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Dangers of drink-diving highlighted by campaign

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Police on both sides of the border have joined forces to advise divers not to drink too much the night before they take to the water.

The amazing underwater world that exists off the Farne Islands and St Abbs has made them increasingly popular with divers in recent years.

However, the police, RNLI and Marine and Coastguard Agency are concerned that some could be putting themselves at risk by not knowing the dangers of drinking and diving.

Sergeant Steve Howe of Northumbria Police Marine Unit, said: “The effects of alcohol are well known and even a small amount can have an affect on someone’s judgement and seriously effect the complex skills required for safe diving.

“A diver who has consumed alcohol, even if it was the night before, is at an increased risk than if alcohol hasn’t been consumed. We would urge all divers, whether new or highly experienced, to take heed of this advice.”

Police Scotland launched a ‘don’t drink and dive’ safety campaign in St Abbs on Friday.

PC Richard Toward, the Eyemouth community beat officer who developed the initiative, said: “Many of those who come to the area are highly experienced and well-equipped for what can be a dangerous sport.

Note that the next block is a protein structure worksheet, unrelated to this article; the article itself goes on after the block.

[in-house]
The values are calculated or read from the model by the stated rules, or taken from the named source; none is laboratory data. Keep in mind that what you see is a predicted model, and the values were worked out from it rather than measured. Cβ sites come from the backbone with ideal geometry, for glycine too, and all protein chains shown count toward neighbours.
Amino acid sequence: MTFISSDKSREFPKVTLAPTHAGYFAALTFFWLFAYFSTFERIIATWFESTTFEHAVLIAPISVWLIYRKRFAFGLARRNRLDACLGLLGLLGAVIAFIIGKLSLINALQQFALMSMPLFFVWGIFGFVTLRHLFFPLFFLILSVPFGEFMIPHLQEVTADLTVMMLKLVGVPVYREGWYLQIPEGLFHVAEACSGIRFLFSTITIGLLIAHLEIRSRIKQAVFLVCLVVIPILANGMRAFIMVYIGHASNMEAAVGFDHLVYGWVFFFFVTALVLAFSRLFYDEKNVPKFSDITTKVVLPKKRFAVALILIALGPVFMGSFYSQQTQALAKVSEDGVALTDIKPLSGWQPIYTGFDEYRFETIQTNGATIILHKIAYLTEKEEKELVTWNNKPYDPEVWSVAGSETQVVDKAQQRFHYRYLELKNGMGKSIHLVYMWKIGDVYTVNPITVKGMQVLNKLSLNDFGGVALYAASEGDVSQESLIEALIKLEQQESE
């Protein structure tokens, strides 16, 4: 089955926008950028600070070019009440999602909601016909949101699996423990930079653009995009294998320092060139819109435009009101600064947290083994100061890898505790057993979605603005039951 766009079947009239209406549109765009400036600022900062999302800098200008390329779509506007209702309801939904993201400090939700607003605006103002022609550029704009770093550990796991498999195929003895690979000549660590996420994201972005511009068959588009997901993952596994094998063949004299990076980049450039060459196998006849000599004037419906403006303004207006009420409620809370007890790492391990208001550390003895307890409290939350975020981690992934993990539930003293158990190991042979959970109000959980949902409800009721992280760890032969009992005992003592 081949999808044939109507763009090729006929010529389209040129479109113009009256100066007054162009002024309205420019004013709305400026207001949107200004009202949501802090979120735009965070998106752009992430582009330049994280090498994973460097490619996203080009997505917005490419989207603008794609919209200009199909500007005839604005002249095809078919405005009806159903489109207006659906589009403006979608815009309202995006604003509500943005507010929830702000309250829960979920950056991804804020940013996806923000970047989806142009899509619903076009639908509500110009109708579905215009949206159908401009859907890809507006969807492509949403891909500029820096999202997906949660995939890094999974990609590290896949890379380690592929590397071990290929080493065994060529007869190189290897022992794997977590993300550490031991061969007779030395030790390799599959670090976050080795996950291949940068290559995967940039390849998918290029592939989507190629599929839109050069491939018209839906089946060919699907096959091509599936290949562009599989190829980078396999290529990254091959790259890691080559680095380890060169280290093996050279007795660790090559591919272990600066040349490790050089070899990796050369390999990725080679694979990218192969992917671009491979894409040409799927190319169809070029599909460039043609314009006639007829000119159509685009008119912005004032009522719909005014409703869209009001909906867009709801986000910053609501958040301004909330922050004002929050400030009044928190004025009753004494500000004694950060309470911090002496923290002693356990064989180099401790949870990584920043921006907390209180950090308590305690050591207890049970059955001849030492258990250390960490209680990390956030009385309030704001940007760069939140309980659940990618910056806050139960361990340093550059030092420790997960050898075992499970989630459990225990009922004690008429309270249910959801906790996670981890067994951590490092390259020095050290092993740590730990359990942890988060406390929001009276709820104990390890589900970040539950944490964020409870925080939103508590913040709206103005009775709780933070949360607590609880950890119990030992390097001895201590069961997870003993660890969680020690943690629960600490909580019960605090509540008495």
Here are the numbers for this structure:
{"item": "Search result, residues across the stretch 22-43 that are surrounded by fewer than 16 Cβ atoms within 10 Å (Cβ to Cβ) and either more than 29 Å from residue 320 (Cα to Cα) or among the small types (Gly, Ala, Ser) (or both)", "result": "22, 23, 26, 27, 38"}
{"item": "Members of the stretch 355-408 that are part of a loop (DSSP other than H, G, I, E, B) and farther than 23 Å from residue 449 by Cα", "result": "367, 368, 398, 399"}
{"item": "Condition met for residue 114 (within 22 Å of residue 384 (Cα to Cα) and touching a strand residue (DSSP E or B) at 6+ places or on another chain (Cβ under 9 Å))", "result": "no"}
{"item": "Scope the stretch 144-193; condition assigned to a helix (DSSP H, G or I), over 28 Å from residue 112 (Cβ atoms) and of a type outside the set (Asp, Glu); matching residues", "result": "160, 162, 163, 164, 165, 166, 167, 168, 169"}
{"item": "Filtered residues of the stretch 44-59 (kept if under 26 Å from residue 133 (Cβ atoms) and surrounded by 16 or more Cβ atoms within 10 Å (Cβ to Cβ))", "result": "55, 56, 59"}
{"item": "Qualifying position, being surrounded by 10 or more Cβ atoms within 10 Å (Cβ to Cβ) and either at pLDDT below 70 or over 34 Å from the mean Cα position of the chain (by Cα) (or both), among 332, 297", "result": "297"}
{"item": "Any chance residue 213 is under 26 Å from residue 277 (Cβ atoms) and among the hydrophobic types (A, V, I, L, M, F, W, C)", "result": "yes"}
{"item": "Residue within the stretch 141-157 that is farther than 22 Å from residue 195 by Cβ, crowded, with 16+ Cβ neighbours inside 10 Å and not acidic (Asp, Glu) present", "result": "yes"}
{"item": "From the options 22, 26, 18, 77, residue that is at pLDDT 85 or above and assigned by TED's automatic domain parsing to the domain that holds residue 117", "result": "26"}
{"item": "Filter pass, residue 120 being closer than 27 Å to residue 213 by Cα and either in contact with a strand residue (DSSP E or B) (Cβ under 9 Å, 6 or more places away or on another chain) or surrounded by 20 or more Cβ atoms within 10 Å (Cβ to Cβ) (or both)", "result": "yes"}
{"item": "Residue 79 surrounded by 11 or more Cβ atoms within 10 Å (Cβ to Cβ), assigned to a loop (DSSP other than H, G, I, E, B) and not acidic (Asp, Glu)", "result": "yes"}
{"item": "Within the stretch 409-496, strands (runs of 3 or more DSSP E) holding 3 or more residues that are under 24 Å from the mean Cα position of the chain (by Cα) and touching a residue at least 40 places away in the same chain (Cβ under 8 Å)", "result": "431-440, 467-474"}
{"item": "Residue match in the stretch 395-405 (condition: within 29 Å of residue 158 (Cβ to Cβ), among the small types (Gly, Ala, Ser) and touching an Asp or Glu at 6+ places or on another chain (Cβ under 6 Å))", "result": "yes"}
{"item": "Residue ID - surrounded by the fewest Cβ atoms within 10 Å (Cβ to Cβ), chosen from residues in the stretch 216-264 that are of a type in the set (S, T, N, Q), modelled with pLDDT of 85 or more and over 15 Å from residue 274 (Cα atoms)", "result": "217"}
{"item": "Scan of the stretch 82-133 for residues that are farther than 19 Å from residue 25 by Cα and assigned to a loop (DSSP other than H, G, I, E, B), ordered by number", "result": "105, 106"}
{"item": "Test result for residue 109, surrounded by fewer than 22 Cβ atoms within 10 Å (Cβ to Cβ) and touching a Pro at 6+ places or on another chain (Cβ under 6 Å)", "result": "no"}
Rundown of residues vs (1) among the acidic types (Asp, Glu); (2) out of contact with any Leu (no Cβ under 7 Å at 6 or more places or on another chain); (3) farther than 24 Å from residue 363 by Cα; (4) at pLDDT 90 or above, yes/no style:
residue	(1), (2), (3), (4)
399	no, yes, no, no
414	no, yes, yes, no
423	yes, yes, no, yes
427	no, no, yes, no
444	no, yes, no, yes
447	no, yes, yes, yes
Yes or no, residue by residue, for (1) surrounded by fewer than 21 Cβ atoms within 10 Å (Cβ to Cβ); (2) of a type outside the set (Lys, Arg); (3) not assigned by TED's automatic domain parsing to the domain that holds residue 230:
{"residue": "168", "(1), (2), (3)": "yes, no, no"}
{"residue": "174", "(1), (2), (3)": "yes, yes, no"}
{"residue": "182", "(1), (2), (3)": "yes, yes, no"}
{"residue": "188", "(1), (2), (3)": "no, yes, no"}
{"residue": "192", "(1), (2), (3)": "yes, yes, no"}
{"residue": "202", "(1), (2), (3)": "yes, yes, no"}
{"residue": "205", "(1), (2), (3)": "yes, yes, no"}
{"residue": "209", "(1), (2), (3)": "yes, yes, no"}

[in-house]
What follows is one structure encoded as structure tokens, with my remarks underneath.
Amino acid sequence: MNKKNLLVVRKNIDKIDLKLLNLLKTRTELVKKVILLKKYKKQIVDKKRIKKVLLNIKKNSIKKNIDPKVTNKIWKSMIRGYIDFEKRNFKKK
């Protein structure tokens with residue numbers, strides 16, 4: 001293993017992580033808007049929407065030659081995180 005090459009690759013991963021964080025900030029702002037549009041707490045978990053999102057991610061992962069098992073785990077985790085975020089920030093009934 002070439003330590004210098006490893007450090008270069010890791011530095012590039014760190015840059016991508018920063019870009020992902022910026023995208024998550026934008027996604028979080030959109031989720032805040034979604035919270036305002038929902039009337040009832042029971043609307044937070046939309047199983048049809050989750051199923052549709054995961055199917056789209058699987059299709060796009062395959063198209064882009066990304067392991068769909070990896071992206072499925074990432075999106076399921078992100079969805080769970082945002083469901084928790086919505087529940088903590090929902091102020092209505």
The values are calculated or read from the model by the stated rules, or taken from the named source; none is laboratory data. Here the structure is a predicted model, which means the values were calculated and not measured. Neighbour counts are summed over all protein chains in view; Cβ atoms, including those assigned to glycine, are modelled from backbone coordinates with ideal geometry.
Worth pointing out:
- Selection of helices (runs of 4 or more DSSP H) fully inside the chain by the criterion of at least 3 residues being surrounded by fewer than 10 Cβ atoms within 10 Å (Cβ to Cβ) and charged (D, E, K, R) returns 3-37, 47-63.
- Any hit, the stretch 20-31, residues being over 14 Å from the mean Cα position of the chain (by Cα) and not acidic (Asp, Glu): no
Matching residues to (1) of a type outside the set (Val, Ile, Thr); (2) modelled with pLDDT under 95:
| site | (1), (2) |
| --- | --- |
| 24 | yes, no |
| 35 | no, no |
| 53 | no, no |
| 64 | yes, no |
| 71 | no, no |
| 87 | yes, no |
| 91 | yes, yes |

“One issue, however, is that some divers drink the night before they dive, and this can contribute to increasing the risks to divers.

“The waters around Eyemouth attract divers from all down the east coast of Scotland and the north-east of England and our message to them is to drink responsibly and dive safely.”

The campaign will run over the summer to raise awareness of the issue. It will target local dive boats, dive centres, accommodation providers bed and breakfast, hotels and caravan parks, pubs and restaurants with a view to them displaying and giving out leaflets to divers who may use their facilities.

PC Toward said: “The campaign will continue with engagement with divers at local shore diving sites to groups of divers who may visit the area and our overall aim is to reduce the number of times the emergency services and NHS have to respond to divers needing assistance.”

 

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